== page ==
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Supreme Court tweaks its ‘senior justice’ rule after controversy

The Florida Supreme Court no longer will allow its justices to keep working indefinitely on open cases after they leave the bench, according to a new rule released Thursday.

After Justice James E.C. Perry officially retired on Dec. 30, Chief Justice Jorge Labarga allowed him to finish work on opinions as a “senior justice,” following decades of court practice.

But critics, including Republican House Speaker Richard Corcoran, cried foul. They complained Perry was displacing his successor, C. Alan Lawson, who started work the next day on Dec. 31. Perry worked for an additional month after that.

Lawson—GOP Gov. Rick Scott‘s first Supreme Court pick—is a conservative; Perry most often voted with the court’s left-leaning contingent.

Corcoran even prepared a legal challenge to Perry’s continued work, saying among other things that Perry was an unconstitutional “eighth” justice on the seven-member court.

Now, the new Rule of Judicial Administration says, “(N)o retired justice … or other judge who is qualified to serve may be assigned to the supreme court, or continue in such assignment, after 7 (seven) sitting duly sworn justices are available and able to perform the duties of office.”

In defending his decision, Labarga had said the court’s protocol, “as long as I can remember,” has been to grant retired justices senior status to finish work they started; that is, to work on opinions in cases in which they participated in oral argument.

“Appellate work is not like trial work,” Labarga said in February. “If I leave the bench today and a new judge comes in, that judge can’t just start that morning. The records are huge. It takes time to read” all the material.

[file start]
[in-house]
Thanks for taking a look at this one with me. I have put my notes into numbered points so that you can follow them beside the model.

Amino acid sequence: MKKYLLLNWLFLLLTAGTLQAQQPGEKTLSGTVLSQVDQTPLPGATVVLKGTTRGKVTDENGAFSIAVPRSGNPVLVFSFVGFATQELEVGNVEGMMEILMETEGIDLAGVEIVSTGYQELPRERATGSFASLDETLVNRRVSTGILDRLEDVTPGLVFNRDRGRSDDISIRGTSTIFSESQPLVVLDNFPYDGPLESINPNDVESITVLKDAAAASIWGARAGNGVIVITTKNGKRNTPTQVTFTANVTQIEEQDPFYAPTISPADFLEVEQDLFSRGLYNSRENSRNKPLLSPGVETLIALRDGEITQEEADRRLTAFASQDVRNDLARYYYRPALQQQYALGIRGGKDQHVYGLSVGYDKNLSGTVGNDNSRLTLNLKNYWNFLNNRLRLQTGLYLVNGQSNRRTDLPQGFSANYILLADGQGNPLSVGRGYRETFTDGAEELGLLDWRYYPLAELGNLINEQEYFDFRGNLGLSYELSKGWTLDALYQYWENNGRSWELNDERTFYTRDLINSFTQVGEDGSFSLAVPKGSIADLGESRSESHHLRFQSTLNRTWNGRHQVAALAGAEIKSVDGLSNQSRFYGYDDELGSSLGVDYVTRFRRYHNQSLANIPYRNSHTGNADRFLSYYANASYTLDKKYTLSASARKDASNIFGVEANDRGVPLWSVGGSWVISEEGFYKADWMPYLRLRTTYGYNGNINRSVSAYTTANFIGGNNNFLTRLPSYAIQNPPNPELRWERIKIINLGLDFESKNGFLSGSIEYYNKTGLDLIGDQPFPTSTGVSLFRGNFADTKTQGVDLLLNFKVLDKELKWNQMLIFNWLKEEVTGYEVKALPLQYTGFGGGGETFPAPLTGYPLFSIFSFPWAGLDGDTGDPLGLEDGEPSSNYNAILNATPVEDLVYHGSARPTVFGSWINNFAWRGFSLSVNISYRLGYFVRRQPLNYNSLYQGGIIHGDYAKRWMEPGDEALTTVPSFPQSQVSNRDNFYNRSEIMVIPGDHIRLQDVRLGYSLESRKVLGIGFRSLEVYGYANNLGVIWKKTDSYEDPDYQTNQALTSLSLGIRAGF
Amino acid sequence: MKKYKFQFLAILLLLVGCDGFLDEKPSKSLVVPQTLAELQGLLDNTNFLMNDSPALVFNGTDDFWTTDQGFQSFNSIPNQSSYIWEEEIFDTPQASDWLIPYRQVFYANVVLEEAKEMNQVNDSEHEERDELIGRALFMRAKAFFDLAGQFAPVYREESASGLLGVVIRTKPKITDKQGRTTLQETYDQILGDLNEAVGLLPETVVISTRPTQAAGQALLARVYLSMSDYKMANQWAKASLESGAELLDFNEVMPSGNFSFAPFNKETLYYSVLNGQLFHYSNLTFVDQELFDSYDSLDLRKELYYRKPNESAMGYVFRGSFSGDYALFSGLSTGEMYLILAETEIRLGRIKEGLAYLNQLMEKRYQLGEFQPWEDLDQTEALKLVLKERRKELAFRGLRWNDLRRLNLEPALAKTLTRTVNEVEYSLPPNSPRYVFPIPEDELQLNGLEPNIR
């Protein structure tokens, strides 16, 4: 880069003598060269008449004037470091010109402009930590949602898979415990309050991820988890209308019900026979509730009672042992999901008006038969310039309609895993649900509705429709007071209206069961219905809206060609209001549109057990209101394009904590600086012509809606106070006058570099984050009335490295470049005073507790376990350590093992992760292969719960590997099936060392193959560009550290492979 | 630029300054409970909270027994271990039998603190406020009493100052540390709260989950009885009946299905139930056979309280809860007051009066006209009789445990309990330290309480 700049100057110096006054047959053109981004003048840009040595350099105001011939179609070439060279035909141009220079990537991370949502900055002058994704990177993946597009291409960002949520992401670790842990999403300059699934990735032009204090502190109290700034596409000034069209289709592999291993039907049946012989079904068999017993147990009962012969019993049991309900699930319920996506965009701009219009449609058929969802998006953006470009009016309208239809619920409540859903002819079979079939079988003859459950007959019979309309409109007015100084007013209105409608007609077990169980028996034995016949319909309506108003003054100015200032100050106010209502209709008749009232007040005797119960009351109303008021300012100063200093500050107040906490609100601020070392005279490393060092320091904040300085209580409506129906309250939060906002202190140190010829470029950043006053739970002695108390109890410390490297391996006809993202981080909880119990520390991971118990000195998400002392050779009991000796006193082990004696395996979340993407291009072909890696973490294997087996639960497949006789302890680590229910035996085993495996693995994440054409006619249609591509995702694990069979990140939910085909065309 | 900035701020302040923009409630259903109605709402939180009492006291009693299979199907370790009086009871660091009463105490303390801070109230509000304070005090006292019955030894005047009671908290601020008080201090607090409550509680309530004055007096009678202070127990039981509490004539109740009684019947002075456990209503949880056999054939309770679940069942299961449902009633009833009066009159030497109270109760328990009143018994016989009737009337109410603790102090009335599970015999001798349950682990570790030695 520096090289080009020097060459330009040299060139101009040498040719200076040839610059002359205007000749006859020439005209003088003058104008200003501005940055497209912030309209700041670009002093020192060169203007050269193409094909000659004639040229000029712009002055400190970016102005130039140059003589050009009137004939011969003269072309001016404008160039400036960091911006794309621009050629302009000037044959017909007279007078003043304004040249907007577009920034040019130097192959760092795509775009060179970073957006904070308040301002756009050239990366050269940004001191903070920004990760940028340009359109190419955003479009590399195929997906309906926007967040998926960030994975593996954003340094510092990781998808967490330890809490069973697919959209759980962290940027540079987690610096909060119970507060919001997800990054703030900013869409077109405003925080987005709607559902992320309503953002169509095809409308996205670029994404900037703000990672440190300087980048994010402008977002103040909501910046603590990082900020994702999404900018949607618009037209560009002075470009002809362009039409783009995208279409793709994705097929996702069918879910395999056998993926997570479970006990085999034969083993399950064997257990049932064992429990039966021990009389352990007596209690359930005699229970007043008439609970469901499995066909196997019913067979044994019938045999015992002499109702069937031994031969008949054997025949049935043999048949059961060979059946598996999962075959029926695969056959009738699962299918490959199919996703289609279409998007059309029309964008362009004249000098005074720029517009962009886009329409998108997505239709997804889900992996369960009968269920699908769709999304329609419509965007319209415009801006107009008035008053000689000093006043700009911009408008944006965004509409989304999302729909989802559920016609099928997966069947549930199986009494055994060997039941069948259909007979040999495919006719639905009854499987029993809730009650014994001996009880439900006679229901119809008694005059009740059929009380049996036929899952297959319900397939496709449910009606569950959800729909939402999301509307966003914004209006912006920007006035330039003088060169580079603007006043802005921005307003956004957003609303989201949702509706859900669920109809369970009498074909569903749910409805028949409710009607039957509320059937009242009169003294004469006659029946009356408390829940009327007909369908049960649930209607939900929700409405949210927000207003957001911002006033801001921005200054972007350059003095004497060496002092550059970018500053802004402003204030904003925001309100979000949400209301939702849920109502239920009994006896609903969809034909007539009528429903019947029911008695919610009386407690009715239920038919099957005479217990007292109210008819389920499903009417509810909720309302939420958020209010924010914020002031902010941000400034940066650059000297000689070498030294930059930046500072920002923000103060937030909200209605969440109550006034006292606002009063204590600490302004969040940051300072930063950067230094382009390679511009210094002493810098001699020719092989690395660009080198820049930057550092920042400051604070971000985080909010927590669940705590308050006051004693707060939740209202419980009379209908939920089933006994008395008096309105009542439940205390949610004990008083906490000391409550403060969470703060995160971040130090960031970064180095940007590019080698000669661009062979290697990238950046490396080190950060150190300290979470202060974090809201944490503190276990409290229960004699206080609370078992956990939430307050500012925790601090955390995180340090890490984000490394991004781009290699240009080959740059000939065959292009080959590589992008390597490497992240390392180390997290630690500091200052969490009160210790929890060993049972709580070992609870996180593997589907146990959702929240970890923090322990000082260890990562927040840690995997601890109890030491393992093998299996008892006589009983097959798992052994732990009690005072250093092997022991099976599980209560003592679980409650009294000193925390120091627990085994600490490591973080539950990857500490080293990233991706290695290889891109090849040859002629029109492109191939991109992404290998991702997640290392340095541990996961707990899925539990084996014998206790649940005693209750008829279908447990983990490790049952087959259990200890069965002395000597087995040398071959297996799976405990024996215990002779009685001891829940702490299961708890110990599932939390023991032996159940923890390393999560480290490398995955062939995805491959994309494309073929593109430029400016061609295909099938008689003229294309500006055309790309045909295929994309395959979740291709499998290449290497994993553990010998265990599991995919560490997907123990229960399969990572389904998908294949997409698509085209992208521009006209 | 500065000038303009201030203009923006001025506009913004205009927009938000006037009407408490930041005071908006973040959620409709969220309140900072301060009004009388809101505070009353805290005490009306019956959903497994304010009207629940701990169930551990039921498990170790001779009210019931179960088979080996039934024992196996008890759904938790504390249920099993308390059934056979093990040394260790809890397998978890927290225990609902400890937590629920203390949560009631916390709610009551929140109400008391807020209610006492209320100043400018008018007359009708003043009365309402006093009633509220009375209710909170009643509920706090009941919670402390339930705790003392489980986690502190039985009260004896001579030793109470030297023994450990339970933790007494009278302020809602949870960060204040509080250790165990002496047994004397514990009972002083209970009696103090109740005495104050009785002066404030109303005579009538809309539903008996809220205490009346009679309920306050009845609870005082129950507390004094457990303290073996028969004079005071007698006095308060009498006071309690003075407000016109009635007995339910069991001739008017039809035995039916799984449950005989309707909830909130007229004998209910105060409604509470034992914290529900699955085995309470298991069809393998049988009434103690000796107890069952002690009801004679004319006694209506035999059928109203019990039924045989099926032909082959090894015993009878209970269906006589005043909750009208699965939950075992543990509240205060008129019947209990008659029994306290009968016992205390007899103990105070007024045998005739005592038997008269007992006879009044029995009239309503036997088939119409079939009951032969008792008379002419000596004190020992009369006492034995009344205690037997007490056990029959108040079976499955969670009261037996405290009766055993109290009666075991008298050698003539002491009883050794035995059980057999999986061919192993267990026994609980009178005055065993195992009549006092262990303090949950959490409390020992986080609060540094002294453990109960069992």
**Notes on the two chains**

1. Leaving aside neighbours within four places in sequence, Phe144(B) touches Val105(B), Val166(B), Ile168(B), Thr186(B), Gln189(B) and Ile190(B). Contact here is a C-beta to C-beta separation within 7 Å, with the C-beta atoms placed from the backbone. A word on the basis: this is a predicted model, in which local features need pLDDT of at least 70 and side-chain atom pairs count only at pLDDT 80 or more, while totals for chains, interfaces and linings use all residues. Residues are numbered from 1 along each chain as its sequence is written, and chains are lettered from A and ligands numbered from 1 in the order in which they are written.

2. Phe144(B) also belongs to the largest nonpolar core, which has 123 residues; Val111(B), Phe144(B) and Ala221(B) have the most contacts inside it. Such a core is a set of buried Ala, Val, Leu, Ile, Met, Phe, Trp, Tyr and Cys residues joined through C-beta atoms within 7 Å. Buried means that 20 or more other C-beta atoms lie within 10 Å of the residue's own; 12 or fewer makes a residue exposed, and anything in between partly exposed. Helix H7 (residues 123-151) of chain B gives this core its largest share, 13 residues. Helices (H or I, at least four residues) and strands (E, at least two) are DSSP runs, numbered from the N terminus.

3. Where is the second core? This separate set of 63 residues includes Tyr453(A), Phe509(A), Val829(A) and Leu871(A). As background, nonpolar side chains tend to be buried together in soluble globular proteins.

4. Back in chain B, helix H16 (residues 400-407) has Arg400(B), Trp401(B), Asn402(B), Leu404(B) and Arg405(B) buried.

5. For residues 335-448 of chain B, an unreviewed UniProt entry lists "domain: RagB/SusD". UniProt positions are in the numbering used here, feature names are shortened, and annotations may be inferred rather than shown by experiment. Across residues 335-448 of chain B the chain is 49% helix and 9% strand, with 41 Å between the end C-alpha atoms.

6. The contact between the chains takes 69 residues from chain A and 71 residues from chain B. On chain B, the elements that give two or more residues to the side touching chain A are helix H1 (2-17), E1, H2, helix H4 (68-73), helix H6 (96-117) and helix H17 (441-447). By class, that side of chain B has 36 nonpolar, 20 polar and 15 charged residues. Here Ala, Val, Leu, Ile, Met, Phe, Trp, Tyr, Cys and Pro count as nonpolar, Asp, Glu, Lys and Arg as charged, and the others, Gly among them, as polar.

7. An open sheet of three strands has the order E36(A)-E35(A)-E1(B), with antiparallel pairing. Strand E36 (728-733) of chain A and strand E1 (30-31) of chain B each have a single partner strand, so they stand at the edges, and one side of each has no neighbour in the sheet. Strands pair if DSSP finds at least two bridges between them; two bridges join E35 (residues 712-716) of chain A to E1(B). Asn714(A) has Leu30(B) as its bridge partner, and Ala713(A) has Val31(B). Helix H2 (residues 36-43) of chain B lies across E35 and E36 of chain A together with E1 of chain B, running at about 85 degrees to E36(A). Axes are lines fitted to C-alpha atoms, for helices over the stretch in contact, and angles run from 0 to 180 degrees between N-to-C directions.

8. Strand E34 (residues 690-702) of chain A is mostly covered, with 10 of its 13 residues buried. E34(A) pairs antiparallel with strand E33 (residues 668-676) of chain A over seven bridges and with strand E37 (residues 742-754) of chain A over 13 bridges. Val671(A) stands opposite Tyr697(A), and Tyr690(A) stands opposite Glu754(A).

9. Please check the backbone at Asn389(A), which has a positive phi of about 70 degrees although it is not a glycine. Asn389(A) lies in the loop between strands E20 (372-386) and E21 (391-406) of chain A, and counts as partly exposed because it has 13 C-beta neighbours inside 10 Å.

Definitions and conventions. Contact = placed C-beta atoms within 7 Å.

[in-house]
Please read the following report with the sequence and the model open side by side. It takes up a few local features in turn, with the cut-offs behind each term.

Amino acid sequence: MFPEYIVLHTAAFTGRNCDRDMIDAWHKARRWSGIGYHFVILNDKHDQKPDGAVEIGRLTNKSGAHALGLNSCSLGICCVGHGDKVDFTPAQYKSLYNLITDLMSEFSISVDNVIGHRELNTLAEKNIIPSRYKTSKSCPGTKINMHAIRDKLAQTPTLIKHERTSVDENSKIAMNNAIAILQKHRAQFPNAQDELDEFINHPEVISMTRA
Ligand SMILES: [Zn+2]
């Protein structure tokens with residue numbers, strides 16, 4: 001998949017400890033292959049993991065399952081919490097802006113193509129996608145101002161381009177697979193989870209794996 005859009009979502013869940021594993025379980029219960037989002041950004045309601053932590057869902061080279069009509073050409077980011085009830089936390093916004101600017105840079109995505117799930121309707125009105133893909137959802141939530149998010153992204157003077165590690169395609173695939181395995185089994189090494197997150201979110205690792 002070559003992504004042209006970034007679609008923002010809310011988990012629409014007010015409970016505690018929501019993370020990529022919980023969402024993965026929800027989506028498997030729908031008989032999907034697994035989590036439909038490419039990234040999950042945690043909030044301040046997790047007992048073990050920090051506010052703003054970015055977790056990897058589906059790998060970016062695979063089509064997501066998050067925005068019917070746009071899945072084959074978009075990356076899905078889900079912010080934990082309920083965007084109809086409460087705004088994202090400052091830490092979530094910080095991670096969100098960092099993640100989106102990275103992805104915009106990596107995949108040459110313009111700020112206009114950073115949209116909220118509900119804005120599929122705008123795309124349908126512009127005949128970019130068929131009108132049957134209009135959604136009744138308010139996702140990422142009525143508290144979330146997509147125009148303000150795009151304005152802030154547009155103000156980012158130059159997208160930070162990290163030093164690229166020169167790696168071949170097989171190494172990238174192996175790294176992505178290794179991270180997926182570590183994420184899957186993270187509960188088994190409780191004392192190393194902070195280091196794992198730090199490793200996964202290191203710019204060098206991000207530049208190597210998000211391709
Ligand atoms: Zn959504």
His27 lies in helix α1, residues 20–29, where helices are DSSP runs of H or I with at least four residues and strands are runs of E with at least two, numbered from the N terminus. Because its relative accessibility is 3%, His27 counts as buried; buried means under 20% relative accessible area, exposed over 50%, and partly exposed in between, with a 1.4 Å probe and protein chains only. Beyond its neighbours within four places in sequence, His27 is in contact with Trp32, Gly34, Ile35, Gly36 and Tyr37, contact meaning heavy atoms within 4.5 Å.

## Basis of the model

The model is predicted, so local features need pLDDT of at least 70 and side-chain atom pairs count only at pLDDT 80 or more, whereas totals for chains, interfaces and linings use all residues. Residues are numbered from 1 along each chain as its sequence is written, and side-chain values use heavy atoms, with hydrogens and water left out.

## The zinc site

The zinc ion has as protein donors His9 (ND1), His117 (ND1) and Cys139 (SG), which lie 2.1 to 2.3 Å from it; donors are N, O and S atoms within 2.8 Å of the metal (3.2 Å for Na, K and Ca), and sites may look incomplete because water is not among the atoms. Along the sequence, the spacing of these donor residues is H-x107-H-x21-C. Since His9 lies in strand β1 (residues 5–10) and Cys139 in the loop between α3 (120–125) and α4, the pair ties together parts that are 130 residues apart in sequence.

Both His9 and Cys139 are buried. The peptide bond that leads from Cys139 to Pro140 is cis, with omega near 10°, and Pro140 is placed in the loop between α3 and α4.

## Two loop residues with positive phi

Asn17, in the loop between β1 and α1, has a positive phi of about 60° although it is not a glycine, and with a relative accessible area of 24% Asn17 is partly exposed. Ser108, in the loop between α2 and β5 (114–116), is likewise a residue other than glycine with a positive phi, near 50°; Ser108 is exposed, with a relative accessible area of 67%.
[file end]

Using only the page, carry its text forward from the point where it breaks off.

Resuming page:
“This way, when you’re almost out of the woods, almost done with an opinion, you can get it done.”

In a Thursday media availability, Corcoran called it “a great rule change … and my hat’s off to Chief Justice Labarga.”

“They took it upon themselves to come up with a rule, it looks like it was supported by all the justices, and despite that people want to say, ‘there’s tension here, there’s tension there,’ I’ve said it a thousand times that I consider Chief Justice Labarga a friend,” he added. “I think they all want to do … what is best for the judicial system.”

Written By

Jim Rosica is the Tallahassee-based Senior Editor for Florida Politics. He previously was the Tampa Tribune’s statehouse reporter. Before that, he covered three legislative sessions in Florida for The Associated Press. Jim graduated from law school in 2009 after spending nearly a decade covering courts for the Tallahassee Democrat, including reporting on the 2000 presidential recount. He can be reached at jim@floridapolitics.com.

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